Sign In
Boston Public Health Commission Home

Community Preparedness



Emergencies don't wait for you to prepare before they strike. They can happen at any time, anywhere. From hurricanes and blizzards to house fires and flooding, you need to be prepared and ready to protect yourself, your loved ones, and your community. Learn how you can prepare for an emergency by following these 4 simple steps:

  • Get Ready: Access the information, plans, practice, and supplies you should have to prepare for all types of emergencies.
  • Be Safe: Increase your knowledge about potential emergencies and develop the skills to keep each other safe before and after emergencies to prevent injury and illness.
  • Stay Healthy: Learn how to improve your health before, during, and after an emergency to create better health outcomes for yourself and your loved ones.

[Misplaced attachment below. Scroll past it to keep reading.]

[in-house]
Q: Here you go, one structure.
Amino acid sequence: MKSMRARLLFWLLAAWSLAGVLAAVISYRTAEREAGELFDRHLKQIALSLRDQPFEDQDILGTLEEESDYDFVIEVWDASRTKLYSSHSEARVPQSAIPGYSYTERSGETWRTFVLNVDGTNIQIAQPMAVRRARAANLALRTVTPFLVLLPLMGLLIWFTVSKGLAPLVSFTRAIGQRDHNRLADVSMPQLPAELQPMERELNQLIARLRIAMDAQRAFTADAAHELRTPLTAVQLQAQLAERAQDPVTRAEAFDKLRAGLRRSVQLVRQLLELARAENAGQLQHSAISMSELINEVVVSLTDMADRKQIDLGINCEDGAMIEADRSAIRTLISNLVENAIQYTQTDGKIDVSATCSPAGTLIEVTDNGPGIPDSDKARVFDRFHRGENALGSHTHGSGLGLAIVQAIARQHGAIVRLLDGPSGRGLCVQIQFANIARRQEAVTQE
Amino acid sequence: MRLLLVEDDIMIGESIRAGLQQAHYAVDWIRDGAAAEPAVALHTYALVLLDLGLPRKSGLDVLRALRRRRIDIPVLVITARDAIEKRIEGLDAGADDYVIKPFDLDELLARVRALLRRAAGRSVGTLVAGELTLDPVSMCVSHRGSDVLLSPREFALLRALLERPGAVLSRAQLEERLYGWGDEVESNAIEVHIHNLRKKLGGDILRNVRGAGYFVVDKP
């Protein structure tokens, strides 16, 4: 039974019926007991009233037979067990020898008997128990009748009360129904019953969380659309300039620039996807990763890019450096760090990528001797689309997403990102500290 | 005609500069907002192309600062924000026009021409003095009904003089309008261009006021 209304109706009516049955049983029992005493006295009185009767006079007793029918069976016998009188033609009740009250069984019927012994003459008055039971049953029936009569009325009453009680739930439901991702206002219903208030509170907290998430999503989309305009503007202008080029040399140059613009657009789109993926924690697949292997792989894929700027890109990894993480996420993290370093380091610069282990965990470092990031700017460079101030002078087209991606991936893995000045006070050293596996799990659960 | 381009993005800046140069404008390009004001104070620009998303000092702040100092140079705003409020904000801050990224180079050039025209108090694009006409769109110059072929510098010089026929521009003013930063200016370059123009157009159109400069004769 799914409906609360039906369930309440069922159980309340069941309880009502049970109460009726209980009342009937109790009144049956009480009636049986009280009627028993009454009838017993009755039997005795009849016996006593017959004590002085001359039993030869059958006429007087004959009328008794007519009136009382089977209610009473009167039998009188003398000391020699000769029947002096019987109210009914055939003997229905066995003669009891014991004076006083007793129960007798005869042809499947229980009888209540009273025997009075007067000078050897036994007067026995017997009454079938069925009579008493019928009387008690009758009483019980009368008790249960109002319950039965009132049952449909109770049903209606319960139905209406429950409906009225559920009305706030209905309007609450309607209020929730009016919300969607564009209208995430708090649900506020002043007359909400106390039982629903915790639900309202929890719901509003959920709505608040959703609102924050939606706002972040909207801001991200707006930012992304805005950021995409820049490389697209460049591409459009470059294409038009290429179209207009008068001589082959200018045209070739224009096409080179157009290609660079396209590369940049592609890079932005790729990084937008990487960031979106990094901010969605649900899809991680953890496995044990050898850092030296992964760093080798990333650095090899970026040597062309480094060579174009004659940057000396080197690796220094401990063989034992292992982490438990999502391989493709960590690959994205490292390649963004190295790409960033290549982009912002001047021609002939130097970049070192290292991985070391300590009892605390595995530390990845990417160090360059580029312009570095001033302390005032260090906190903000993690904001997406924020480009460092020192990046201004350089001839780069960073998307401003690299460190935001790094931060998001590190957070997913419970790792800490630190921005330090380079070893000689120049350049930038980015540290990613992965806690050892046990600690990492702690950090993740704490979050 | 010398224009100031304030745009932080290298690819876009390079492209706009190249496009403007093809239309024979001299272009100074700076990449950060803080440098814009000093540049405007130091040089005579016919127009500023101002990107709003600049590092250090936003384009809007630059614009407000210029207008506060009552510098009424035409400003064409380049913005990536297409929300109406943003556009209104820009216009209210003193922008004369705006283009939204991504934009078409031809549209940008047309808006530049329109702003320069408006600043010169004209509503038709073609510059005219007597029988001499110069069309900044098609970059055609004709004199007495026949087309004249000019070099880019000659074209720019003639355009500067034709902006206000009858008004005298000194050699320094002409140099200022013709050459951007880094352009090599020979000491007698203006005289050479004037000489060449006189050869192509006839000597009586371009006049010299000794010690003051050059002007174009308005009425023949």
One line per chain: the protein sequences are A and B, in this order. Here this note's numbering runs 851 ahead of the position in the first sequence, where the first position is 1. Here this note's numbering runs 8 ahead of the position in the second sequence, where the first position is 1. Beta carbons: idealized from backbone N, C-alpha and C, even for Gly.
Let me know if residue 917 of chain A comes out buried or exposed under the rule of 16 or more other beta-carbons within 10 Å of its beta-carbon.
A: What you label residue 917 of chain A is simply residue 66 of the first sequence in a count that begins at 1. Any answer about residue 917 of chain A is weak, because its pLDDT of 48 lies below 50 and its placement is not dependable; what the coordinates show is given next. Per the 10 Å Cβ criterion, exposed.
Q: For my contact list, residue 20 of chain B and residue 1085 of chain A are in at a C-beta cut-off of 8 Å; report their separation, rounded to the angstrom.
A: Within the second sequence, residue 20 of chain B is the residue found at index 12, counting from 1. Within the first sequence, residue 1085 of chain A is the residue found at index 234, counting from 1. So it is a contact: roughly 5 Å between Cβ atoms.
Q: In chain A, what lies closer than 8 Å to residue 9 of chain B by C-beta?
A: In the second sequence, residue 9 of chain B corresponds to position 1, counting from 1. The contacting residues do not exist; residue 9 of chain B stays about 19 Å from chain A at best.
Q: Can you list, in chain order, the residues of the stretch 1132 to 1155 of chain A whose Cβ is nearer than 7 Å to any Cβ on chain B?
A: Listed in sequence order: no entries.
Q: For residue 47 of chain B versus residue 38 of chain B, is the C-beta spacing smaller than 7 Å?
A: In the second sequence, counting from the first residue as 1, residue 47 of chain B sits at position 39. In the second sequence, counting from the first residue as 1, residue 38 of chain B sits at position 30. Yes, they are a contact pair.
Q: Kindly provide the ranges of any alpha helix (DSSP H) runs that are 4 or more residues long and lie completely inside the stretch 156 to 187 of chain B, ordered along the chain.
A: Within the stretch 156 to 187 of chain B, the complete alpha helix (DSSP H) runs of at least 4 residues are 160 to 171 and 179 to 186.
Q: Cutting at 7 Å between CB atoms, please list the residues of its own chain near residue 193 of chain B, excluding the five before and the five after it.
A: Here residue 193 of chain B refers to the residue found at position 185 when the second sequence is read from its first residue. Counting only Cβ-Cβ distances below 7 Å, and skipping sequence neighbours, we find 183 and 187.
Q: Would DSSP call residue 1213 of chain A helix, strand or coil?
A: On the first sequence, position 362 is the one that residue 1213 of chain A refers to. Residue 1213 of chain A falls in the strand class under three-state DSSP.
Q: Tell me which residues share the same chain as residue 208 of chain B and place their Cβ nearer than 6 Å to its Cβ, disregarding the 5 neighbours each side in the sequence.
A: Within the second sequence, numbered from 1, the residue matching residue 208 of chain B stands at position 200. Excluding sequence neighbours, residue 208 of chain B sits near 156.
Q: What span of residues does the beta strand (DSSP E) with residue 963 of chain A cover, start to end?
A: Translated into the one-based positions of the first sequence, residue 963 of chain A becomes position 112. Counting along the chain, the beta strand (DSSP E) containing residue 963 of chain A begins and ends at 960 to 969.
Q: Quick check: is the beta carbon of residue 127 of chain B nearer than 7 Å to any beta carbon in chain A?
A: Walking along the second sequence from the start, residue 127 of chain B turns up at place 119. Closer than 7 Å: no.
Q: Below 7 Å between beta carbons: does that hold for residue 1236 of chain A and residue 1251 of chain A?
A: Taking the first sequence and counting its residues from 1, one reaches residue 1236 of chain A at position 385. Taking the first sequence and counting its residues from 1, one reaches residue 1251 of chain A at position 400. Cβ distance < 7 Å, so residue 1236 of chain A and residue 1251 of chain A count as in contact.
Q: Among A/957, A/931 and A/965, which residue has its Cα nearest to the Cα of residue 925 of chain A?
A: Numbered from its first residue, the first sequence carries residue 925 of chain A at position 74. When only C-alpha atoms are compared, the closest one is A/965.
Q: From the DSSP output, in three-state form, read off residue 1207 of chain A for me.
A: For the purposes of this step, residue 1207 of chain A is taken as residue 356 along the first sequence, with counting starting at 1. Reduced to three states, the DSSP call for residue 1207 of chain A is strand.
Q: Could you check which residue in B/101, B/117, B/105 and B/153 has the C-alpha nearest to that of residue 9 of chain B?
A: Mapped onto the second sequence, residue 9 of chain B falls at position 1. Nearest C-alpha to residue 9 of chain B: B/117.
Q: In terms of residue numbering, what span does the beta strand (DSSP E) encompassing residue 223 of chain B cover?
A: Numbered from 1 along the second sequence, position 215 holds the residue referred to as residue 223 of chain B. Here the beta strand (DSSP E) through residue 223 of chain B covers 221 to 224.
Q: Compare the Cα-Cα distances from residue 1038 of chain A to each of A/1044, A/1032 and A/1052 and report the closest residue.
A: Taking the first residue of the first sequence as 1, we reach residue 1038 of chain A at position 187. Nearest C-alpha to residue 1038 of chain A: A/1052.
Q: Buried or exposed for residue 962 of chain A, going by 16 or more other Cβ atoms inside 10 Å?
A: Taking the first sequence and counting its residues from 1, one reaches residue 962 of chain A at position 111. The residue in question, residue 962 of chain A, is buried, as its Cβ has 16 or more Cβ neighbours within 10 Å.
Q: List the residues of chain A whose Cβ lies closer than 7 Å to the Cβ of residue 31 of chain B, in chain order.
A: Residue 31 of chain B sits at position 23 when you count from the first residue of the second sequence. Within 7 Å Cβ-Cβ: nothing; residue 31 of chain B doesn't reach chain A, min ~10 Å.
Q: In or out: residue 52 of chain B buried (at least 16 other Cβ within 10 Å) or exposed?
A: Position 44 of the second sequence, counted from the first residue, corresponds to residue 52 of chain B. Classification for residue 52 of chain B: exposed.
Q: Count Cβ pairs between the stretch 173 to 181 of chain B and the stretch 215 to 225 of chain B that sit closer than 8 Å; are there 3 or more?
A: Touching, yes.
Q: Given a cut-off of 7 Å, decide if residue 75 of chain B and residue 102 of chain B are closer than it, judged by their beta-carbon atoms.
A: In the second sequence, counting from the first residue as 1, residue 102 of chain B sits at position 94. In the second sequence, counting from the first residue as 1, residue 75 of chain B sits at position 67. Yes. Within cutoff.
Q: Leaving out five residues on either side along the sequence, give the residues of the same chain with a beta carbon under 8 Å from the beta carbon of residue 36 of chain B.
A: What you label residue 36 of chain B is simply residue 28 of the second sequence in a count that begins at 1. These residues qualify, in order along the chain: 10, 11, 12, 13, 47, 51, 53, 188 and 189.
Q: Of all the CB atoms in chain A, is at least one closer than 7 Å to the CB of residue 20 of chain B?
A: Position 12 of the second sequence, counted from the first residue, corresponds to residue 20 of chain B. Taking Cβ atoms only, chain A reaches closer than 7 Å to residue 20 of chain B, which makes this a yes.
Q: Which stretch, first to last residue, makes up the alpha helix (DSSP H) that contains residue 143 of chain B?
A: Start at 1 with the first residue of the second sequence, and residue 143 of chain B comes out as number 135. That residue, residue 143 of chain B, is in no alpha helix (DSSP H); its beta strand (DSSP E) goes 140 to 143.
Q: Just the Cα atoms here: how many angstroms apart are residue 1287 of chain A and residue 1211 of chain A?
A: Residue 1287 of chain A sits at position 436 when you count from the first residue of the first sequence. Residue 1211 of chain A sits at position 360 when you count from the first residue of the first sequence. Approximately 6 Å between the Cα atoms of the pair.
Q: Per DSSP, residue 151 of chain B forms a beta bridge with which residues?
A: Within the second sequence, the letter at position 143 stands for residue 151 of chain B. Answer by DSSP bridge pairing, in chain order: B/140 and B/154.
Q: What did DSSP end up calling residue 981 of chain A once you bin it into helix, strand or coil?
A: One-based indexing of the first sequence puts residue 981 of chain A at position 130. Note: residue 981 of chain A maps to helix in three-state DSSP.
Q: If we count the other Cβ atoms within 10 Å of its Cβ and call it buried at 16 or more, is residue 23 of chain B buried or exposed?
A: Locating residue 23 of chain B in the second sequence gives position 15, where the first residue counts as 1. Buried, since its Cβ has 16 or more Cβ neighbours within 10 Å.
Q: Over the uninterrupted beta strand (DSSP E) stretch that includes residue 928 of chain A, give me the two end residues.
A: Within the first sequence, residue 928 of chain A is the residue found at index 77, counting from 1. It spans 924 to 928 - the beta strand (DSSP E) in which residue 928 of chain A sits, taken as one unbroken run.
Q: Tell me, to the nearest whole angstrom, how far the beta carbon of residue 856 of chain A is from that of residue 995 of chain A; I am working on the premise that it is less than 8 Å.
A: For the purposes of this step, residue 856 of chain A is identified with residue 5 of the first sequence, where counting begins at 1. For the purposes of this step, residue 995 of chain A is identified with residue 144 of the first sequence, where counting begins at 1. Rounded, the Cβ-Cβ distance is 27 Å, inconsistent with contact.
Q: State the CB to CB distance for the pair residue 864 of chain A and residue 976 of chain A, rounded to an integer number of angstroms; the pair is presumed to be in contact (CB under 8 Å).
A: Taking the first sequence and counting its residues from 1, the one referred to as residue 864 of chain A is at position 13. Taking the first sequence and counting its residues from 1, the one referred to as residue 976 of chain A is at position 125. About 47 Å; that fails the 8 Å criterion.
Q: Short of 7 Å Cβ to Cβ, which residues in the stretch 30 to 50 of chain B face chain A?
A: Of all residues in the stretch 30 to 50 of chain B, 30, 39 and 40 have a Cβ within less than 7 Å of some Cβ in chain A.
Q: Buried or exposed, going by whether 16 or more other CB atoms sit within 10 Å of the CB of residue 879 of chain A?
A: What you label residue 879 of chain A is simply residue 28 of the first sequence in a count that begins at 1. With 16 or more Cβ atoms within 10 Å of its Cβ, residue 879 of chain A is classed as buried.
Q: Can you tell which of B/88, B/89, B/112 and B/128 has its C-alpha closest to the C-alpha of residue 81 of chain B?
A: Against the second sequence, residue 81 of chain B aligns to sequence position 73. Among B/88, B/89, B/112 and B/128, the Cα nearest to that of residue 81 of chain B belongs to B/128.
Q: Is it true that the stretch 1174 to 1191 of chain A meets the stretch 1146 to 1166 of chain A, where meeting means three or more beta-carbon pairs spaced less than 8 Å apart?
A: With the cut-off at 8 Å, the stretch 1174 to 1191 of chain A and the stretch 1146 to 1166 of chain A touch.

• Pledge to Prepare: Take "The Pledge" to prepare yourself, your family, and your community for emergencies of all types.

Remember, the City of Boston isn't prepared unless you are.



Be Informed

It is important to know the types of emergencies that have, and can, occur in Boston. These emergencies include, but are not limited to:

  • Snowstorms
  • Hurricanes
  • Transportation accidents
  • Household fires
  • Heat emergencies

In addition to knowing what types of emergencies can occur, it is important to understand the effects of these emergencies. Some ways that emergencies have affected Boston residents include: